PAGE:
Camera set to f/1.8 because reasons; let's do this.

    Sharp sharp sharp, no doubt. The Sigma 135 f/1.8 Art is sharp, even wide open at 1.8, and the color rendering is fairly saturated without becoming distasteful.

    So, the Sigma 135 f/1.8 Art has auto focus and Zeiss 135 f/2 Milvus does not. But it is any good? I'm happy to report that, yes, the AF is sublime for portrait work. No focus hunting to speak of in backlit situations, and instantly locked in with what I would estimate to be an 85% success rate. I didn't try any sort of action or movement tracking with it, but that's not what I use a 135mm prime for anyway.

    Bokeh was great, blah blah blah, but once again that's a telephoto prime for you. I love creamy lens blur as much as any portrait shooter, but I don't tend to obsess on micro-details of bokeh unless something is egregiously wrong or unappealing about it. And I didn't see any discernable difference between the bokeh of the Zeiss at f/2 and the Sigma at f/1.8, which is not surprising of course. And yes, I am well aware that the Sony-Zeiss Sonnar 135 f/1.8 ZA exists, but that won't work on my camera system, of course.

    I was intentionally impatient and careless with the auto focus on the Sigma, snapping away frame after frame in hurried succession, to see if such wanton sloppiness would net horrible results. The Sigma AF nailed it, shot after shot, even in my haste.

    The best news, however, is that the Sigma is damn sharp at f/1.8, and consistently so. Pushing the aperture just a touch wider, perhaps for bragging rights, was a bold move by Sigma, and could have been a catastrophe if things were even a little bit off, engineering wise. But as Sigma is trying to compete in earnest with the likes of Zeiss and other top tier glass makers, they went all in. Thankfully, they succeeded in making a lens I feel I could trust wide open.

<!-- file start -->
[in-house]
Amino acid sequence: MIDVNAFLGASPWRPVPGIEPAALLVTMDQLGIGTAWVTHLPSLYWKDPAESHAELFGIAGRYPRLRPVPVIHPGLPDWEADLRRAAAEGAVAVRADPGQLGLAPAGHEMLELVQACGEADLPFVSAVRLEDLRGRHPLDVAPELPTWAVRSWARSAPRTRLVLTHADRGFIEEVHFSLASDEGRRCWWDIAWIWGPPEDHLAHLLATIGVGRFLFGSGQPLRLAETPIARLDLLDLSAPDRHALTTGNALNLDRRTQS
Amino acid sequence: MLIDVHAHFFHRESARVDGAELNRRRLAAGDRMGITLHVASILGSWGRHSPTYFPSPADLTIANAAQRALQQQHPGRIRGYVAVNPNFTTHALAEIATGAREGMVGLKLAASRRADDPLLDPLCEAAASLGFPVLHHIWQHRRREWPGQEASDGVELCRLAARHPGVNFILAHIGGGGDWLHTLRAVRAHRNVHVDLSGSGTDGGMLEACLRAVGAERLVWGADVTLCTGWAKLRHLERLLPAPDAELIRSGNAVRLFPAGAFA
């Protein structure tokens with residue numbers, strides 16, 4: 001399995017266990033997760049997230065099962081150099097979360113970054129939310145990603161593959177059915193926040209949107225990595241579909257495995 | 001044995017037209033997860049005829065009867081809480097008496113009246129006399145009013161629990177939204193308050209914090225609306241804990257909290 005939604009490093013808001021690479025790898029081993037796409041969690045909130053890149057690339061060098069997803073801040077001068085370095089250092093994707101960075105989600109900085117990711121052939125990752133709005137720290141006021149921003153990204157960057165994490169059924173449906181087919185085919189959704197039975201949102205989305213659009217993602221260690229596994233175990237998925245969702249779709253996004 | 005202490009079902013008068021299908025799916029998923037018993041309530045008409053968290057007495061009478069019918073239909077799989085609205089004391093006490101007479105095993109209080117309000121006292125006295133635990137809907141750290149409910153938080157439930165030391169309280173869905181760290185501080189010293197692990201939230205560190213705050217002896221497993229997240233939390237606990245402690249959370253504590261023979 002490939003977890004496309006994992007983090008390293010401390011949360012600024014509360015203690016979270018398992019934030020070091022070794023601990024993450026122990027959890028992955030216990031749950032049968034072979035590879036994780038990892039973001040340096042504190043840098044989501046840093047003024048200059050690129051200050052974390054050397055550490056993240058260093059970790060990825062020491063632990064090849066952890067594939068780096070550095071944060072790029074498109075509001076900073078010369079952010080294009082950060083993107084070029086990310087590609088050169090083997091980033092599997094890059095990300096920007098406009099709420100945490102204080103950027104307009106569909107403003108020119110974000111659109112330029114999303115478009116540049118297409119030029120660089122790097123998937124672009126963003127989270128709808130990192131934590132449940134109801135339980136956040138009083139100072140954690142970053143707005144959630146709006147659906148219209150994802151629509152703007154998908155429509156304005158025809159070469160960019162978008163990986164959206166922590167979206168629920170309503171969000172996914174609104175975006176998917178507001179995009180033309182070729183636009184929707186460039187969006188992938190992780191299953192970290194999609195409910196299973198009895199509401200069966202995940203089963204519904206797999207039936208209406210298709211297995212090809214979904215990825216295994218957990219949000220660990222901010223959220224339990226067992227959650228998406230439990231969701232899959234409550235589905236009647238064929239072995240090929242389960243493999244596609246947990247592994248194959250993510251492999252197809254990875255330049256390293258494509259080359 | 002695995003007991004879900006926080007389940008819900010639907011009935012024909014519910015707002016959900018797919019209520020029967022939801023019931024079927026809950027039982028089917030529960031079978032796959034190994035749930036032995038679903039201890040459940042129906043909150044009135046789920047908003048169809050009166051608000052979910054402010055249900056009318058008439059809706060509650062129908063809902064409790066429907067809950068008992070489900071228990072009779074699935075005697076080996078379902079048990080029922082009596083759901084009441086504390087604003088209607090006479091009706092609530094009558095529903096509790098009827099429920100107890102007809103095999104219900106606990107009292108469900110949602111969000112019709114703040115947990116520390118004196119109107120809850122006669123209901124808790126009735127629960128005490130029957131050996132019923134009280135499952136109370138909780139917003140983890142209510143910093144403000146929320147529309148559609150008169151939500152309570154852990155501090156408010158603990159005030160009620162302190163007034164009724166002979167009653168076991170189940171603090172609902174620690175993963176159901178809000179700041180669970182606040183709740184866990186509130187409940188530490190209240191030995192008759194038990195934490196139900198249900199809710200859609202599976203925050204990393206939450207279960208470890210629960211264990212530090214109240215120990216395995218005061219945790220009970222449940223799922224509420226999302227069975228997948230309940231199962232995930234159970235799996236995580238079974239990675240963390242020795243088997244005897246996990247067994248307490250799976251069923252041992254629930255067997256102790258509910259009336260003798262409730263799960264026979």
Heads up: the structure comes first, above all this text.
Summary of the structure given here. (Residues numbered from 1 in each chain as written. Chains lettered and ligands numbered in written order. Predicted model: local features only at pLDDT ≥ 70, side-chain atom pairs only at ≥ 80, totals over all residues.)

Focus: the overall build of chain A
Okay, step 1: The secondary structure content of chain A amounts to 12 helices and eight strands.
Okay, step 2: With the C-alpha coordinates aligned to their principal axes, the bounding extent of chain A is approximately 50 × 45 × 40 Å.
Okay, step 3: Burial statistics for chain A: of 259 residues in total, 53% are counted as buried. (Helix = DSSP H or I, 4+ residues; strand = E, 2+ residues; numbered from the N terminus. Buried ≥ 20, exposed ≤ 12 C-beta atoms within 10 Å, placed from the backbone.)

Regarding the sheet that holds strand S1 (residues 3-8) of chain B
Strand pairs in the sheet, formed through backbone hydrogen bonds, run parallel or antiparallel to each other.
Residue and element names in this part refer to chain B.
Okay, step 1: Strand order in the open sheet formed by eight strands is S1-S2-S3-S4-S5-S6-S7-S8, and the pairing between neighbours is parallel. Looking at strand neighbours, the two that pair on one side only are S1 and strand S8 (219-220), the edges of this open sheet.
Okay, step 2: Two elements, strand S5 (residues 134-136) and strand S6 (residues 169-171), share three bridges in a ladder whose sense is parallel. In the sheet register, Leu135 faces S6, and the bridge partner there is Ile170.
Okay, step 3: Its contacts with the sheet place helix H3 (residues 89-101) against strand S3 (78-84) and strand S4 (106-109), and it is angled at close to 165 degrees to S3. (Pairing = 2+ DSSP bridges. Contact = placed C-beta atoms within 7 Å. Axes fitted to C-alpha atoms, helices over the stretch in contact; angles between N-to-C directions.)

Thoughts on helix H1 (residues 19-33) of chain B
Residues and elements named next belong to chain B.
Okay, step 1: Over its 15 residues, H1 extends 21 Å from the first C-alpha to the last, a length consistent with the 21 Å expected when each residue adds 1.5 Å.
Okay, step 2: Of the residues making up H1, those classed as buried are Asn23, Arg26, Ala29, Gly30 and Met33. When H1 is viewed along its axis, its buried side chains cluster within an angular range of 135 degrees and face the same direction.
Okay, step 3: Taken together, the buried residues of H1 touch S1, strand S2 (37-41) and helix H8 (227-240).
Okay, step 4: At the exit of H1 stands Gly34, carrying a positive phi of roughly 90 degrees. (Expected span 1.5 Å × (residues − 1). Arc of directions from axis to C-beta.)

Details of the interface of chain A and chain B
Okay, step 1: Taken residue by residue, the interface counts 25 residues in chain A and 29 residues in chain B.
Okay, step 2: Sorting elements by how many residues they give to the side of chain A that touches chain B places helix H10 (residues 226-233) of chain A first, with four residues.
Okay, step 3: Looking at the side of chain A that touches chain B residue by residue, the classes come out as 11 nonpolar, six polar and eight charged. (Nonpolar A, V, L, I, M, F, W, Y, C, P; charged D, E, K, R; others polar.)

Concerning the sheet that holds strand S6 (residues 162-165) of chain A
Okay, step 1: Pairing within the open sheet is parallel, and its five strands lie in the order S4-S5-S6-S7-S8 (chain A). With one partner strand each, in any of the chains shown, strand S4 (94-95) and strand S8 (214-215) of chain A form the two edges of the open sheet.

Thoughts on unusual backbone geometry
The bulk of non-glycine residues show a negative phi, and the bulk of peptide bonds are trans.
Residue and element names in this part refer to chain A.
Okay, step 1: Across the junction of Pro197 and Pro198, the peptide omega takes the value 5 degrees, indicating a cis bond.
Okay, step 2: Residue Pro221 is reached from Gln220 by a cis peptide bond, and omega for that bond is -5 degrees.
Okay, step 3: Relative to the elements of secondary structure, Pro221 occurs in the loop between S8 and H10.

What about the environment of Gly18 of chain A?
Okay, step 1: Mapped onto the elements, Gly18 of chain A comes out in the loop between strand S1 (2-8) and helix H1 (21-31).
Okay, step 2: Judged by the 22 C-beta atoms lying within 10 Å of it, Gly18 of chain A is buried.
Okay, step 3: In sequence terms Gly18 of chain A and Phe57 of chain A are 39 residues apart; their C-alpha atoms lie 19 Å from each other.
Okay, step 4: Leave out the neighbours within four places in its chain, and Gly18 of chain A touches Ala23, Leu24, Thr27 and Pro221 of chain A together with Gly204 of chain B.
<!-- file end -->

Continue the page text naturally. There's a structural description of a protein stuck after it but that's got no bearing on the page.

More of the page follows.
Sigma: The Hits

    • Auto focus, for one thing, and it's consistent, fast and accurate.
    • Fantastic bokeh, which is expected.
    • Built like a tank; this thing will last a very long time.
    • USD$1,399 for a "step up" 135 from, say, the Canon EF 135 2.0L, is arguably very reasonable.

    Sigma: The Misses

    • Not built like an exotic car; it's sort of utility looking.
    • Color rendering feels a bit saturated out of camera, and I find myself reducing saturation a lot in color correction.

    Sigma: Consensus

    This is the better buy of the two lenses in this review, plain and simple. The somewhat esoteric benefits of the Zeiss are nice, but not enough to convince me to shell out $800 more and lose auto focus capabilities of the Sigma.

    Clearly, the only solution here is to buy them both.

    In the end, I would be hard-pressed to tell you should absolutely buy the Zeiss over Sigma, despite the Zeiss being a phenomenal piece of glass. I believe Zeiss veterans will pick their champion without hesitation, mostly because the Big Z fanbase is quite the fanatic, devoted bunch and are attuned to the micro-details that make Zeiss lenses, well, Zeiss lenses. But anyone who simply wants a step up from the Canon 135 2.0L (or even the nifty, defocus control Nikkor 135 f/2 DC) should almost certainly go with the Sigma.